Thunderous reverberations from armed forces helicopters are reportedly driving Australian crocodiles to pursue romantic escapades.

According to Australia’s ABC Far North, low-flying Chinook helicopters have encouraged a unique mating phenomenon at a crocodile farm in Queensland, Australia.

While the racy reptiles may usually tune in to classics like Elton John’s “Crocodile Rock” for mood-setting purposes, on select flight nights, under a waxing moon, it is these vibrations from the heavens that stir unencumbered desires for the semiaquatic beasts.

“All of the big males got up and roared and bellowed up at the sky, and then after the helicopters left they mated like mad,” John Lever, owner of the Koorana Crocodile Farm, told the Australian outlet following the incident.

“There’s something about the sonic waves that really gets them stirred up.”

Steamed up from rotary bladed aphrodisiacs, the farm’s 3,000-plus crocs are likely to yield a large crop of eggs this season, Lever added.

The Singapore Armed Forces regularly hold nearby bilateral military training operations and use the crocodile farm as a geographic marking point, the Australian outlet reported.

Despite the unique aerial influence, the incident is not the first time a reptile species was affected by a military aircraft cacophony. In this particular case, however, experts are still exploring the reasoning behind a breeding episode that would have made even Steve Irwin wince.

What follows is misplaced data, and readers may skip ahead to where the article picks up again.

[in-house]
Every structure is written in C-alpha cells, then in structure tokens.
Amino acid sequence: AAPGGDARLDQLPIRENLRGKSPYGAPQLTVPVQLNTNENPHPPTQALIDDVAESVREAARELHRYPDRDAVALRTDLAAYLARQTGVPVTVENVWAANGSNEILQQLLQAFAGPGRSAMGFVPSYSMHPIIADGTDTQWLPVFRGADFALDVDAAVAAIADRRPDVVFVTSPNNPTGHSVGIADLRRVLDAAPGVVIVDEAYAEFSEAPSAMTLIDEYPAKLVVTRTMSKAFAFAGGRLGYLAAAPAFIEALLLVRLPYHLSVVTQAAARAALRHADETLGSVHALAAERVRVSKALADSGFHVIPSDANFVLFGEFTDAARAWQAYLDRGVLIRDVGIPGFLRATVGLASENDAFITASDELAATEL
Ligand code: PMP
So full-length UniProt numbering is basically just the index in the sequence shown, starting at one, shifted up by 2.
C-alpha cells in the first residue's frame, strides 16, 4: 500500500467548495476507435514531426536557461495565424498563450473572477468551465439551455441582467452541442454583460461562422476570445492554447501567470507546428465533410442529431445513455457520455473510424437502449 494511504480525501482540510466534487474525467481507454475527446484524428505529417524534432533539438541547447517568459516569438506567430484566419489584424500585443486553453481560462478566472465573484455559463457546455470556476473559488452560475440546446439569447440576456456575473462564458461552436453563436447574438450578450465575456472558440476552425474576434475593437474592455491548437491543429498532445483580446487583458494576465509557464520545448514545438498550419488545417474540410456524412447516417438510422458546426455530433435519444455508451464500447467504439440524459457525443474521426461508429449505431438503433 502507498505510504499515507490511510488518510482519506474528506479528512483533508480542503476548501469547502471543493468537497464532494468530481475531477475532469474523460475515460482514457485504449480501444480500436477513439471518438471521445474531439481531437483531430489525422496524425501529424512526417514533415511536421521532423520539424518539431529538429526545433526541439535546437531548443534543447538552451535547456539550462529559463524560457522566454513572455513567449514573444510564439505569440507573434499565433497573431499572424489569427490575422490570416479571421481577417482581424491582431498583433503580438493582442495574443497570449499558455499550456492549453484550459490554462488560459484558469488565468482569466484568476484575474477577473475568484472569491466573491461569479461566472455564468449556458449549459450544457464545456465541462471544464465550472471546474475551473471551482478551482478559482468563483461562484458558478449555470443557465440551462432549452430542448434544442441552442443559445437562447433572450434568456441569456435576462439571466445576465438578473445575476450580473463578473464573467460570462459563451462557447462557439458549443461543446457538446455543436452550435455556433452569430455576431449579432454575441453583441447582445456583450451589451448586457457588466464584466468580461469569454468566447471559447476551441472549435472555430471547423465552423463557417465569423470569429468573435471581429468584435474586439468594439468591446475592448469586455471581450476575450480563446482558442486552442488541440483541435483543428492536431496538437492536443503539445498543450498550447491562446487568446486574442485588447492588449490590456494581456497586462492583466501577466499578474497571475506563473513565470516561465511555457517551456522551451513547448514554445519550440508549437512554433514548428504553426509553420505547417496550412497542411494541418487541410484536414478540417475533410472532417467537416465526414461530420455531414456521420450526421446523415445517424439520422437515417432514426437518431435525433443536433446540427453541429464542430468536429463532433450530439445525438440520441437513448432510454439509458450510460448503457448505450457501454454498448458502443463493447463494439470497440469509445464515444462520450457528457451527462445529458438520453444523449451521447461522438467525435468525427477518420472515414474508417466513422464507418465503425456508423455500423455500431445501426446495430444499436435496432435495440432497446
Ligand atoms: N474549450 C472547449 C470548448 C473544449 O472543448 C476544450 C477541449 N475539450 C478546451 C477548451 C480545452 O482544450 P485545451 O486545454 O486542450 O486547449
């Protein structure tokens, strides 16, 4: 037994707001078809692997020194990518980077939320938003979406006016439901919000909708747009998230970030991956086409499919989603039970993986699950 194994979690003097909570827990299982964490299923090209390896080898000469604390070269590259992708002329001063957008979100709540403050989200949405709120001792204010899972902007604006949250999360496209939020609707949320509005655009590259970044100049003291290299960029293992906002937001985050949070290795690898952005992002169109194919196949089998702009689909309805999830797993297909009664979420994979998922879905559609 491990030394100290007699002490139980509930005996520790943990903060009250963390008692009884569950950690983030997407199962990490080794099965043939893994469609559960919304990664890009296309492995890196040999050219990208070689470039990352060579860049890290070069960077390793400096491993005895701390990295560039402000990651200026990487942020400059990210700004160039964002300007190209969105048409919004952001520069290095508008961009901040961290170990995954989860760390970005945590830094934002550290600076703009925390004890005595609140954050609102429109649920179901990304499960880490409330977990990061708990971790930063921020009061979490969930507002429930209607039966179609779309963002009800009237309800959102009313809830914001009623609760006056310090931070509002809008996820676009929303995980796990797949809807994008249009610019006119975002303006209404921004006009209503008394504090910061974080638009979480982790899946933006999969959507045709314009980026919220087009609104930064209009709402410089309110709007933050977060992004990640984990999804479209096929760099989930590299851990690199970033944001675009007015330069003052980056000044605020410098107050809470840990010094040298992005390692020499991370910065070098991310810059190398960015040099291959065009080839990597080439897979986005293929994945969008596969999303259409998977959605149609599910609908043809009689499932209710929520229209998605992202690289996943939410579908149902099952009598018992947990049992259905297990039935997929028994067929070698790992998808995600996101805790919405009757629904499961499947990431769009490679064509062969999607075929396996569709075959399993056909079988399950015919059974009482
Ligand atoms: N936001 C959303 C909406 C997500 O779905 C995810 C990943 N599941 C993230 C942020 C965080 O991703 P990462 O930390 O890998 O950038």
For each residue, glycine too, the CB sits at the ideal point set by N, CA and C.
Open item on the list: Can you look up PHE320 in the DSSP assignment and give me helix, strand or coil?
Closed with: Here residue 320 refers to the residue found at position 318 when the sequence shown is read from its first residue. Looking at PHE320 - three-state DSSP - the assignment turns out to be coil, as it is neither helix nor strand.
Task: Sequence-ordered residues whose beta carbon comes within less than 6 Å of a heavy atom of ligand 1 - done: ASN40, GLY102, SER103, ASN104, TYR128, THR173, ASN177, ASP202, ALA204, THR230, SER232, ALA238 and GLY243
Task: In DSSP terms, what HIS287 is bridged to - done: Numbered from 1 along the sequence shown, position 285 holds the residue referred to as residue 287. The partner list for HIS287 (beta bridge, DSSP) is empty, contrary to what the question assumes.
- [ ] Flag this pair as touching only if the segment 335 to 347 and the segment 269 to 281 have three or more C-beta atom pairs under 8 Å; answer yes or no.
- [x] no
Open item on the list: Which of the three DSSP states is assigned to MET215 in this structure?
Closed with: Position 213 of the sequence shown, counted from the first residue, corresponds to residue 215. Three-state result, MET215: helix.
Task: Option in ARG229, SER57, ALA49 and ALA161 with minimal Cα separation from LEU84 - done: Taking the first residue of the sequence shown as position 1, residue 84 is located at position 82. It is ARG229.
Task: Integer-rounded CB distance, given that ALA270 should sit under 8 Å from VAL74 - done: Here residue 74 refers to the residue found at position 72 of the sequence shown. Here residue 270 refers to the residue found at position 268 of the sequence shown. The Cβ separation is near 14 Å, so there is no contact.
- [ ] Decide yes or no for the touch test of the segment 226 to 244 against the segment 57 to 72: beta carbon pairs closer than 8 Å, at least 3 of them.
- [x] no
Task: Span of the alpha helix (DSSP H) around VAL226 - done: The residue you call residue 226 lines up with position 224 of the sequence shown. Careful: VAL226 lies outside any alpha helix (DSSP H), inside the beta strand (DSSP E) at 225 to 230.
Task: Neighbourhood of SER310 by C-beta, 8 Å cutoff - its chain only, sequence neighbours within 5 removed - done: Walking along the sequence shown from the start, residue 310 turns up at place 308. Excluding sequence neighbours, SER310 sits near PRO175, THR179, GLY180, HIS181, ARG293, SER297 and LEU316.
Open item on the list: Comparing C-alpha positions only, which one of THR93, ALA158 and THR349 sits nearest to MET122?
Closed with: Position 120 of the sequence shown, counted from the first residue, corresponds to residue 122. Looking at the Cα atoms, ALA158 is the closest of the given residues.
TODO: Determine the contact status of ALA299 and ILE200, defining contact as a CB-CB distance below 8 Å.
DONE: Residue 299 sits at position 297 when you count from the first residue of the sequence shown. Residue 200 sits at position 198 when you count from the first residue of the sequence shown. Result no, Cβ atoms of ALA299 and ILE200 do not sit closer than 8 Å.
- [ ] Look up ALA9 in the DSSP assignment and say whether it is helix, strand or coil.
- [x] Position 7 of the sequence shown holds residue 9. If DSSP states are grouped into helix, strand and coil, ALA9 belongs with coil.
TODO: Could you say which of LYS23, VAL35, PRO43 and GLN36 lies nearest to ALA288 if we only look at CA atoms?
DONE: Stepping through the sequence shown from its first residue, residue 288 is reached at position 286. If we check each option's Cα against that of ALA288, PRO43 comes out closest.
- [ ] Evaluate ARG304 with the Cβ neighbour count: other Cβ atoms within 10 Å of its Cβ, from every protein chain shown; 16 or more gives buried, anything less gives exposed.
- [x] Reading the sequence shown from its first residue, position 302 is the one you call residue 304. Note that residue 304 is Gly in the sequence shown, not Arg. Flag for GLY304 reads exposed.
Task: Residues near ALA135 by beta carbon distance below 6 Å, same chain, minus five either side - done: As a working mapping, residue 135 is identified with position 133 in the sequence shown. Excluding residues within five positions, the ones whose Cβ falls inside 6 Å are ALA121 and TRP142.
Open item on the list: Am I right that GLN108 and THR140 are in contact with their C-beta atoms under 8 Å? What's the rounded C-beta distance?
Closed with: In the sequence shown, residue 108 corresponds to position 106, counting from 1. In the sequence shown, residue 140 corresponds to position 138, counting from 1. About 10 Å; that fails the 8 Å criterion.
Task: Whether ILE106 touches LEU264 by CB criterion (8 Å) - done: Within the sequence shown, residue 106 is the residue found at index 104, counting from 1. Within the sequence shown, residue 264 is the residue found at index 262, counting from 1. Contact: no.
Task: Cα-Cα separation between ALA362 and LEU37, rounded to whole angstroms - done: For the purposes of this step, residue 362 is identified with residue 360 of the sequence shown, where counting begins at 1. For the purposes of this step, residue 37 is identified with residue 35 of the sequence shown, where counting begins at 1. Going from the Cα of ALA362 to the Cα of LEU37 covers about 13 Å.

Some researchers told the Australian outlet that males may mistake the chopper sound for a scaly competitor looking to steal their crocodile crush. Others, meanwhile, suggested the crocs may be able to detect changes in barometric pressure, signaling the start of mating season.

Whether or not the tomfoolery from the deviant dinosaurs is included in the next David Attenborough documentary remains to be seen.

The Koorana Crocodile Farm was not immediately available to Military Times’ request for comment.

Observation Post is the Military Times one-stop shop for all things off-duty. Stories may reflect author observations.

Jonathan is a staff writer and editor of the Early Bird Brief newsletter for Military Times. Follow him on Twitter @lehrfeld_media

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